Success still resides at the crossroads of opportunity and preparedness. Recognize you have choices. You can go down the traditional publishing route today and find success, and you can go down an e-publishing route and find success. Or both. The choices mean you have some control over your fate. Treat your career decisions with as much careful planning as your circumstances will allow. Once you know where you want to go in the changing landscape, set milestones to mark your progress to keep alert to progress and risks along the way.

“In the end what will happen will be what has happened whenever a civilization breaks up. The people who have brains and courage come through and the ones who haven’t are winnowed out.” 1 

Margaret Mitchell, Gone with the Wind

What about you? How are you coping with the changing publishing landscape?

I Have a Dream Today

Image: Andy Newson /

Why would a twenty-three-year-old white girl from the midwest clip a newspaper printing of the speech Rev. Martin Luther King Jr. delivered at the Lincoln Memorial in 1963 and tuck it away among her treasured mementos where it remains nineteen years later today?

Because she believed in the power of a lofty dream to drive change? Because she had faith in the unalienable rights of life, liberty and the pursuit of happiness? Because Rev. Martin Luther King Jr. was a compelling writer and speaker who knew how to captivate a diverse audience?

Yes, all of that and more. But, today I want to focus on three reasons I think the reverend’s writing moved me the way it did back when I first clipped that article, and why it still does today.

He created a universal problem and emotional connection. While the reverend’s speech was in no small part directed at those whose rights were being abused, he was brilliant to make it deeply personal for all Americans by invoking a patriotic problem. He speaks of when the ‘architects of our Republic wrote the magnificent words of the Constitution and Declaration of Independence, they were signing a promissory note to which every American was to fall heir.’ If this problem, this refusal of rights can happen to one population of Americans, what keeps it from happening to anyone?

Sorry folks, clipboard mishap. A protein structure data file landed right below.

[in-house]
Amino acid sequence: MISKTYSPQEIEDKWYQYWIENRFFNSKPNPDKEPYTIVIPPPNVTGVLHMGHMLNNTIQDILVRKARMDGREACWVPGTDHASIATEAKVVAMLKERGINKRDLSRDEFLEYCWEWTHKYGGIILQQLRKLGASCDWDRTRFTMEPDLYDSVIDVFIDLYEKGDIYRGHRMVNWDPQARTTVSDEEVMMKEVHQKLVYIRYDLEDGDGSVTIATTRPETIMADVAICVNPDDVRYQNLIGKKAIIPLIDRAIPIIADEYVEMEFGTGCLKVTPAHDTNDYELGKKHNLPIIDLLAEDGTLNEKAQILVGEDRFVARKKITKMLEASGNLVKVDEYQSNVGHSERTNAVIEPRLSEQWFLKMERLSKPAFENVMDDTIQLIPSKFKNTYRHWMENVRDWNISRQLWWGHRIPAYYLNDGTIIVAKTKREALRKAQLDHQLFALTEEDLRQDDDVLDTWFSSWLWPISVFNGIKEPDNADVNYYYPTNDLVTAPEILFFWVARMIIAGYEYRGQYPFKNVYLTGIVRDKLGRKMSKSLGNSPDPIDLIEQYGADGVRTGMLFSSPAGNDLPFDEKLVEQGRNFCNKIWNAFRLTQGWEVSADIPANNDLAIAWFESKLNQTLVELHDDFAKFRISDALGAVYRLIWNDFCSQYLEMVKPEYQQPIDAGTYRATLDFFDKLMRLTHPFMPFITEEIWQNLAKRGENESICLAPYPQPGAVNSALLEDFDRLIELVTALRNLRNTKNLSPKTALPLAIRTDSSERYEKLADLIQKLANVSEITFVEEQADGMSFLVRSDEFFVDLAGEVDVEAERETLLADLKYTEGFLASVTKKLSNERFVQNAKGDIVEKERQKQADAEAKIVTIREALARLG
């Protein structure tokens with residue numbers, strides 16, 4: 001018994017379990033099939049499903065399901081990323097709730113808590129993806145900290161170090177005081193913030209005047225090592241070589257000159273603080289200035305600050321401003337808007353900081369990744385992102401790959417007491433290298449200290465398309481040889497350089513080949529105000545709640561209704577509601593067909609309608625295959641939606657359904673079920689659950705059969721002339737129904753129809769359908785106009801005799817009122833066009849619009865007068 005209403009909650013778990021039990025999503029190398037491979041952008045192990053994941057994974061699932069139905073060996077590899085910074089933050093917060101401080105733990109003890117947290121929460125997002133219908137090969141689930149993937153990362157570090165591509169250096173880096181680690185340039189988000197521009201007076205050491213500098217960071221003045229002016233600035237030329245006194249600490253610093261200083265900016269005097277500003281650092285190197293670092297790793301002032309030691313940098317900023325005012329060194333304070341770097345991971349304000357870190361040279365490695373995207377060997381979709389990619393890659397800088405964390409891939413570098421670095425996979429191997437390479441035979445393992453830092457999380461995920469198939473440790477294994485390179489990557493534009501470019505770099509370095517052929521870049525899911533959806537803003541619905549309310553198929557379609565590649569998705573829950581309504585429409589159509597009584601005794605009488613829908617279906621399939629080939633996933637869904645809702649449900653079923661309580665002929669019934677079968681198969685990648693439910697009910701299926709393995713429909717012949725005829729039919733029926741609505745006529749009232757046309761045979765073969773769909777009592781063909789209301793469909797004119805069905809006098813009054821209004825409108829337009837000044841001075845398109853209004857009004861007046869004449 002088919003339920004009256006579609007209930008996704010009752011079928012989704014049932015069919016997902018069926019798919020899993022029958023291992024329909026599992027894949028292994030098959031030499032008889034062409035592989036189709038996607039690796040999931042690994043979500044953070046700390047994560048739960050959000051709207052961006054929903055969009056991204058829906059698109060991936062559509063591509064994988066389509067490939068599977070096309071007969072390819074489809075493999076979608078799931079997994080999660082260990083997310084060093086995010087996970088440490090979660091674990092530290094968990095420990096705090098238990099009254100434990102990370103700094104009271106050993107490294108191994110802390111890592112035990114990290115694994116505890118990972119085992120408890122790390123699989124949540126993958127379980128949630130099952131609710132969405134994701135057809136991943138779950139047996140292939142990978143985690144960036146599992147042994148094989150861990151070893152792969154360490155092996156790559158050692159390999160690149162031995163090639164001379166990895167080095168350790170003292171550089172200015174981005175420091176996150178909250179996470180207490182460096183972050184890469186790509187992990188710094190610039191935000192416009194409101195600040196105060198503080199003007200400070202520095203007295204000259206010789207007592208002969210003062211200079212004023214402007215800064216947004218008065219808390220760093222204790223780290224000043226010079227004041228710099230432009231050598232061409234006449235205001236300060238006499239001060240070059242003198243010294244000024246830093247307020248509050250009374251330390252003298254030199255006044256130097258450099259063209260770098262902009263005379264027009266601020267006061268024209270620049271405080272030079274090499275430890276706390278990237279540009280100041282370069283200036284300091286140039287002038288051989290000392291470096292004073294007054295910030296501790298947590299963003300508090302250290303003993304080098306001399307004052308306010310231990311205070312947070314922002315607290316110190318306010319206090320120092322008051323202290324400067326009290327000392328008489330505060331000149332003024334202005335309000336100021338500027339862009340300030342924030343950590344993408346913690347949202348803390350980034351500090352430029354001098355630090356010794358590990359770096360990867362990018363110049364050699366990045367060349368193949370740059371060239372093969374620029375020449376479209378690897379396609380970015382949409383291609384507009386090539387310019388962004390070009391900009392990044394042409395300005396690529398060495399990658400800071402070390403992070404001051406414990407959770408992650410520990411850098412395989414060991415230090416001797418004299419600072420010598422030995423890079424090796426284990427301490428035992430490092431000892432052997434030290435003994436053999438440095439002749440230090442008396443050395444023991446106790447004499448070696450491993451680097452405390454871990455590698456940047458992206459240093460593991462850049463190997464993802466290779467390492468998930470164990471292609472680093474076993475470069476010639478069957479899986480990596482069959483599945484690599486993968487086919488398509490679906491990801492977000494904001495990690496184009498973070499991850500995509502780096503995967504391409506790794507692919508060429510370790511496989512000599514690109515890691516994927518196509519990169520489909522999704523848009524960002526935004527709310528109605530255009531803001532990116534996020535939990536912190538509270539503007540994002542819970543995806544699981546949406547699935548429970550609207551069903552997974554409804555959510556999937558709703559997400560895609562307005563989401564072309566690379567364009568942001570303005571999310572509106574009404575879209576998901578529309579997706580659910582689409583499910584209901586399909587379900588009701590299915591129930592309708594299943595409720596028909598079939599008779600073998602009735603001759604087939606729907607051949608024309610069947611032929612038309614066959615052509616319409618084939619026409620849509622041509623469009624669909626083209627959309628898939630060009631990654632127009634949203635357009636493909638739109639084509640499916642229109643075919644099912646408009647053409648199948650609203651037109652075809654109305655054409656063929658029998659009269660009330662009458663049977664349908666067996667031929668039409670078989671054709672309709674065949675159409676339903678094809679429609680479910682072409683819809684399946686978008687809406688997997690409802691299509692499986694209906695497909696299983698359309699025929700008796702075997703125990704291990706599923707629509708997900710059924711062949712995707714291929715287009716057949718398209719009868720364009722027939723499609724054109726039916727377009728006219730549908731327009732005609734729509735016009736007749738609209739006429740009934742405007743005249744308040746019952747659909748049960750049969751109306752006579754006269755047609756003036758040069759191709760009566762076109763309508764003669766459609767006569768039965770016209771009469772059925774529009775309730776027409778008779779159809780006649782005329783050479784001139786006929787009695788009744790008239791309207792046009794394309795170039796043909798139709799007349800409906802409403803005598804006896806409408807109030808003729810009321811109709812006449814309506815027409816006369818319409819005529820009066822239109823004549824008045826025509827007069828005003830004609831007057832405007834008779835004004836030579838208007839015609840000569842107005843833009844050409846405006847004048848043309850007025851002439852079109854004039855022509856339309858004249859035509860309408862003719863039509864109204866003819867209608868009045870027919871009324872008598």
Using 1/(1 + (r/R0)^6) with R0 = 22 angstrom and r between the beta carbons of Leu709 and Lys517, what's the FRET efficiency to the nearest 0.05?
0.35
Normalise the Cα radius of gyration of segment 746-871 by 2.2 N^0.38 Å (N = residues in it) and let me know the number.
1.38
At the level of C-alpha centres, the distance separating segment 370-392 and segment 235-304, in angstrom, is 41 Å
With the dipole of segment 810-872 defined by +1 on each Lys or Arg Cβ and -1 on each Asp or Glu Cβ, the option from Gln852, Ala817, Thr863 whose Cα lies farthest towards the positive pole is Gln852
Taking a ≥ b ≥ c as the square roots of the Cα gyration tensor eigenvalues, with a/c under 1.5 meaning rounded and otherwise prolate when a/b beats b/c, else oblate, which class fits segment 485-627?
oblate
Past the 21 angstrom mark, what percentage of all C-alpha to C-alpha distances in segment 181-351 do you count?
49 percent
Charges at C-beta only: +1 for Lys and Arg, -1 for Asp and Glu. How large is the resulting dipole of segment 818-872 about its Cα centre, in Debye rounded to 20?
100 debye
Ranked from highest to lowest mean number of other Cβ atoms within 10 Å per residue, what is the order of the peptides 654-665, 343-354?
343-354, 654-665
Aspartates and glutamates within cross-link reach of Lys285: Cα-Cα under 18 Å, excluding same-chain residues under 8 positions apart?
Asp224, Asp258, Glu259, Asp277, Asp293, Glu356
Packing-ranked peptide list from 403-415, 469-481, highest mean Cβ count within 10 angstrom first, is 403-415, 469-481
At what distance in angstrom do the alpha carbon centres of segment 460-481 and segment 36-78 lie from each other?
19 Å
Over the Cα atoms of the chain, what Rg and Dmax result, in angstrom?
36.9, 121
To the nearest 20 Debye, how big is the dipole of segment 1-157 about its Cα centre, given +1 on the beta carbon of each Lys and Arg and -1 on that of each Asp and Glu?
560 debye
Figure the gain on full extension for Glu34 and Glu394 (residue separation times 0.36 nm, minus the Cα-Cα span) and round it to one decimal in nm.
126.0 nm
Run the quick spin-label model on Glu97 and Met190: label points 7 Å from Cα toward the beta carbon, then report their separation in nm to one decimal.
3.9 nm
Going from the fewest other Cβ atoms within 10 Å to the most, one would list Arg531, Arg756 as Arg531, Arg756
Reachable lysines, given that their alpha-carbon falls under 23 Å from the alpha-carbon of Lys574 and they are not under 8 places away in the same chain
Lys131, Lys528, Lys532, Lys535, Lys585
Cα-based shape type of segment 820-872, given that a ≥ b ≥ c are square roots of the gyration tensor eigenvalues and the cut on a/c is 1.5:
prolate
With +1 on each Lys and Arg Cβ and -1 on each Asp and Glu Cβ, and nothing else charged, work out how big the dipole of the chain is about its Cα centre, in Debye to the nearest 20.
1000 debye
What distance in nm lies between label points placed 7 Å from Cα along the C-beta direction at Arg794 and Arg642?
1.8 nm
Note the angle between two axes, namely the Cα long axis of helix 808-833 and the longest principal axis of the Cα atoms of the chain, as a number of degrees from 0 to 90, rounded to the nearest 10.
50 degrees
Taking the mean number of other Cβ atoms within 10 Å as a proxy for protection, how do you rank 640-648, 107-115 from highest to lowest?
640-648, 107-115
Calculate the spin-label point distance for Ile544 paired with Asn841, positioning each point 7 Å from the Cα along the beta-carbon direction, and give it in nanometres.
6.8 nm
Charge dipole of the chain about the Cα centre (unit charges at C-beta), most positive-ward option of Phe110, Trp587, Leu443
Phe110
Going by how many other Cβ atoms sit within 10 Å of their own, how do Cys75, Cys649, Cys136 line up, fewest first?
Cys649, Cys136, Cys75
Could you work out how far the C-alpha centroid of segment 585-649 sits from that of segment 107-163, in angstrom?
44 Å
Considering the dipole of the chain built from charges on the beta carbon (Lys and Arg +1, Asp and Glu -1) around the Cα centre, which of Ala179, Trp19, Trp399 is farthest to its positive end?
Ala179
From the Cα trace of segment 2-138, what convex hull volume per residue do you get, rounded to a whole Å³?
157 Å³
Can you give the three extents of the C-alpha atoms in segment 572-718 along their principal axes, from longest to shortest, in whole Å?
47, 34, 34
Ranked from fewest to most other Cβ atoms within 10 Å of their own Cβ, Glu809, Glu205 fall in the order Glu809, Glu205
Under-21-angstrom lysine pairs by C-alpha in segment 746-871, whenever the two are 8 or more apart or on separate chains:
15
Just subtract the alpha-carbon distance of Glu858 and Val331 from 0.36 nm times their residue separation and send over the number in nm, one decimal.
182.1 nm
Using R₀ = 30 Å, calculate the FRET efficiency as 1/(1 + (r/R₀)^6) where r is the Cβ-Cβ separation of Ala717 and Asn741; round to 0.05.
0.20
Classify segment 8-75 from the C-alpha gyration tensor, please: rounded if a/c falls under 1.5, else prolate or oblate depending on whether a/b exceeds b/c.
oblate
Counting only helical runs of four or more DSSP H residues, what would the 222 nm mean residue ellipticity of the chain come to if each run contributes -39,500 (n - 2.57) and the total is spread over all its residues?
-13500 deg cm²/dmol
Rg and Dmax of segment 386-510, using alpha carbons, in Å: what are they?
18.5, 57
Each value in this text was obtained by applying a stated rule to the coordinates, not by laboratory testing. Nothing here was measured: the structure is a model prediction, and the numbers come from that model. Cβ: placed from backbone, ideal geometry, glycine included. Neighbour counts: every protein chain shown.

Reverend King Jr. makes us care because most Americans are cognizant of the greatness of the promise of our Constitutional rights. With an increasing global awareness, we’re even less likely to take them for granted. ‘It is a dream deeply rooted in the American dream.’

The writing lesson here: whether writing fiction or non-fiction, give your audience a personal reason to care by creating a problem they can relate to, an emotional connection either to the characters or the cause. Especially in fiction, even though your problem or plot may (and probably should) be extraordinary, your readers should be able to find the common humanity there.

He used powerful language, metaphors and active verbs to show, not tell. Martin Luther King Jr.’s speech did not simply ‘tell it like it is’, he showed it through the use of active verbs and metaphors. While metaphors can be frowned upon in genre fiction today, few could argue they created a unforgettable visual of the plight of 1963: ‘seared in the flames of injustice’, ‘crippled by the manacles of segregation and the chains of discrimination.’, ‘sweltering summer of the Negro’s legitimate discontent’, ‘whirlwind of revolt’, ‘battered by the storms of persecution and staggered by the winds of police brutality’…

And, he also showed it in the vision of his dream: ‘on the red hills of Georgia the sons of former slaves and the sons of former slave owners will be able to sit down together at the table of brotherhood…’, ‘Mississippi, a state sweltering with the heat of oppression, will be transformed to an oasis of freedom and justice…’, ‘every valley shall be exalted, every hill and mountain shall be made low, the rough places will be made plain, and the crooked places will be made straight…’. These are convincing visuals.